‘Net collaborators pose other dangers to publishers. Just in the last month, sites that completely copy a content providers' site have popped up. first posted in September copies, summaries, and links of stories that appear on, a popular tech message board. Then simply caches the stories to which Slashdot links., which runs its own ads with the stories as well as the original sites' ads, tallies the traffic for itself. And it all appears quite legal under current law, say experts.”




“On the upside for publishers, getting someone to read a news organization's "dumb story", as Haughley puts it, may be getting easier. But making a buck off of content may be getting a lot harder.”



These are just excerpts, to read the entire article, please go here:

Business Week article about revenue model threats to content providers due to shared registrations and mirroring

at the time of this posting, registration is not required J


Thanks to (a great daily newsletter) for alerting me to this article


My solution to this problem is called “SubscriptionPal”.




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Saturday, October 16, 2004

article - "Investors flock to Web Networking Sites", Wash Post, 10/13/04


Investors Flock to Web Networking Sites

By Michael Liedtke

The Associated Press
Wednesday, October 13, 2004; 7:05 AM

SAN FRANCISCO -- Internet whiz kids Marc Andreessen, Josh Kopelman and Joe Kraus share something in common besides reaping huge jackpots during the dot-com boom.

All three belong to LinkedIn, a rapidly growing online networking service whose ability to connect people with common friends and work interests helped persuade the trio to invest in the company before it even started to generate revenue.


"From Pull to Point: How to Save The Economist and The Journal from Irrelevance", John Battelle, 10/11/04

Topic is the power of deep linking thru blogs.

John Battelle is Visiting Professor, UC Berkeley Graduate School of Journalism, one of the co-founders of Wired magazine and the founder and former Chair of Standard Media International ("The Standard"), publisher of The Industry Standard and

He makes the same point that Adam Penenberg did in “Searching for the New York Times” (major media is becoming irrelevant because it can’t be found via links) but his emphasis is on blog links rather than search engine links.,1294,64110,00.html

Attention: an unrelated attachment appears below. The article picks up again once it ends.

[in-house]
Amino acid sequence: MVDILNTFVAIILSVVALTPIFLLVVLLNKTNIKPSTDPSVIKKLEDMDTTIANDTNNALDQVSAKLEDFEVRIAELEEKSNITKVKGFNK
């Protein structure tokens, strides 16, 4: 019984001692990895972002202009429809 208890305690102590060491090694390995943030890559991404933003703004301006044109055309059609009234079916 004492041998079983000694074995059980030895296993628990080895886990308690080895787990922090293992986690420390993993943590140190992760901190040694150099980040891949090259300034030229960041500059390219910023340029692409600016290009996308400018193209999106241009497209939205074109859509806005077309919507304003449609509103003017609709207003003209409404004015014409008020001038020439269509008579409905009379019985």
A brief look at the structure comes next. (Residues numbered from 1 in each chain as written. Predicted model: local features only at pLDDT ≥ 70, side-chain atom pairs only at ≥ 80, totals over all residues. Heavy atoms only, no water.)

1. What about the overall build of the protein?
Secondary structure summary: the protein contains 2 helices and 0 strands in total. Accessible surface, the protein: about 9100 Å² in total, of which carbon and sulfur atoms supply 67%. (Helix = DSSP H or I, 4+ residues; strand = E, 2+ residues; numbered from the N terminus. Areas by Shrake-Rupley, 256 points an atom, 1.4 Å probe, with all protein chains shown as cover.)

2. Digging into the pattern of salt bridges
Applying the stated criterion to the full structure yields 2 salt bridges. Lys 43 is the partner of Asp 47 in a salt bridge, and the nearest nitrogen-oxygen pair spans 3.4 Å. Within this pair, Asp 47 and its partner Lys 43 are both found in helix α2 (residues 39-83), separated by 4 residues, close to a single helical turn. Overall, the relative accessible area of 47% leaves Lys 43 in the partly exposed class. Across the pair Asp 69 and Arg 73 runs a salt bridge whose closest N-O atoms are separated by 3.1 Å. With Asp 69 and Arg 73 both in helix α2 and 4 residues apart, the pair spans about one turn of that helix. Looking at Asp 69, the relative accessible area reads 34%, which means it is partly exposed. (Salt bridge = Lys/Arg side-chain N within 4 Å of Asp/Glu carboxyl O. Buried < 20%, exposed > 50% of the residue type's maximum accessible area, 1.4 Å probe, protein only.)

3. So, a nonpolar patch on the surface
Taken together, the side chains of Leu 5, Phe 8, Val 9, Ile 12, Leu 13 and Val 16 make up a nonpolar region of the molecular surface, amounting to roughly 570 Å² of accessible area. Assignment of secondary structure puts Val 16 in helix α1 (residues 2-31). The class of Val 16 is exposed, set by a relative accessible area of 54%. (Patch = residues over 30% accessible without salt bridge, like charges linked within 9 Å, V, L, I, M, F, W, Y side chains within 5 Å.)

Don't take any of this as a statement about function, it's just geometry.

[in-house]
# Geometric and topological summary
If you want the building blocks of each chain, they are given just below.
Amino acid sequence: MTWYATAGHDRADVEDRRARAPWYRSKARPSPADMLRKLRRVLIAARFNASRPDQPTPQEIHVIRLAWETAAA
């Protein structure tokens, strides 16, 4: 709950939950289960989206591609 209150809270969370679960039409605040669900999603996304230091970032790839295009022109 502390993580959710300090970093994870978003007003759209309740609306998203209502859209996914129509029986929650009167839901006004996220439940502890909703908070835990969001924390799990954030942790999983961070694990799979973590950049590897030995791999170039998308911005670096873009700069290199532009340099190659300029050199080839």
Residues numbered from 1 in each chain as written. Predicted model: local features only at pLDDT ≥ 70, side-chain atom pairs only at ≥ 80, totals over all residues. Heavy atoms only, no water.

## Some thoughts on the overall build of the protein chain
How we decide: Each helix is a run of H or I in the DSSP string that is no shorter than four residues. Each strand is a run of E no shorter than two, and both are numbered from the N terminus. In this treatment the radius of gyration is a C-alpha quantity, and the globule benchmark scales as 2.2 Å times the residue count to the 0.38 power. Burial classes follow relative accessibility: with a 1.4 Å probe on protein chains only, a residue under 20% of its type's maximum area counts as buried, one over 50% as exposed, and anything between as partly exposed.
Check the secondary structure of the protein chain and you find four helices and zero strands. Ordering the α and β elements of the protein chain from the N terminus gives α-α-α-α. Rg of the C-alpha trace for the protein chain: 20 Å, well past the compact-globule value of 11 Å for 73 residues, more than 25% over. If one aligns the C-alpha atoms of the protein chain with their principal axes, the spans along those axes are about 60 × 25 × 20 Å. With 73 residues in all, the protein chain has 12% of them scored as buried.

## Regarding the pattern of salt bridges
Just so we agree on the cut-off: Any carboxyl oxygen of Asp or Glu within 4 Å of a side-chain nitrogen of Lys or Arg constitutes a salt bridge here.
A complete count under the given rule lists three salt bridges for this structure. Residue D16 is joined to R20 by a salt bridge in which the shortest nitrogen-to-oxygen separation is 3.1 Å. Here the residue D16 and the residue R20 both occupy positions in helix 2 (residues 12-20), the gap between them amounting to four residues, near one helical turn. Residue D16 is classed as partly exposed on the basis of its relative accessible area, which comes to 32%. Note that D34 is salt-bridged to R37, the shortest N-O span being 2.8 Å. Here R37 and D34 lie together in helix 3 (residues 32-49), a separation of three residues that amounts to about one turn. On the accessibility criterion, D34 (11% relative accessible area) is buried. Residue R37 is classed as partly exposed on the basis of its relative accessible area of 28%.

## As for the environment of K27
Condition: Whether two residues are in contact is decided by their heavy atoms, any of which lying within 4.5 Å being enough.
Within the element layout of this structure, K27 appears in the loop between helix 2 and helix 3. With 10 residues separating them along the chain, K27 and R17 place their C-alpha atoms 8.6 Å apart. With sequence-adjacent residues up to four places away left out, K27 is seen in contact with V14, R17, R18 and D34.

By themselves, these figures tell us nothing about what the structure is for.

I added a comment to his blog entry and linked to my description of SubscriptionPal.



From Pull to Point: How to Save The Economist and The Journal from Irrelevance

by John Battelle




The real issue is how paid registration is handled. I find, increasingly, that sites which wall themselves off are becoming irrelevant. Not because the writing or analysis is necessarily flawed (though honestly, I don't trust journalists who eschew the blogosphere), but rather because their business model is. In today's ecosystem of news, the greatest sin is to cut oneself off from the conversation. Both the Economist and the Journal have done that.


”So what is to be done? My suggestion is simple: Take the plunge and allow deep linking. Notice I did not say abandon paid registration, in fact, I support it. Publishers can let the bloggers link to any story they post, but limit further consumption of their site to paid subscribers.


“I'd be willing to wager that the benefit of allowing the blogosphere to link to you will more than make up for potential lost subscribers. First off, if you as a publisher do not offer additional paid subscription benefits beyond the articles themselves, you're not paying attention to your community. And in any case, many folks will pay to subscribe to a site which is continually being linked to. In fact, I'd wager that the landing pages from blog links might be the most lucrative place a publisher can capture new subscribers. It's a massive opportunity to convert: the reader has come to your site on the recommendation of a trusted source (the blog he or she is reading). It's pretty certain that if you make that page inviting, and use it as an opportunity to sell the reader on the value of the rest of your site, that that reader will eventually feel like the Journal is worthy of his or her support.


“Why? In short, if a reader finds him or herself pointed to the Journal on a regular basis, that reader knows that by subscribing to the Journal, he or she would be more in the know. After all, all of the blogs read and point to the Journal, the reader thinks, so perhaps I should read it too. Before subscribing, the only time a reader might find out something in the Journal is if someone points to it (a far sight from where things stand today, by the way). But if they subscribe, they can get their own RSS feeds, and be first to know something. And, in the end, isn't that what drives subscription sales?


“Net net, I think allowing deep linking will drive subscription sales, rather than attenuate them.”


RE: [webcommunities] Yelp - local recommendations thru friends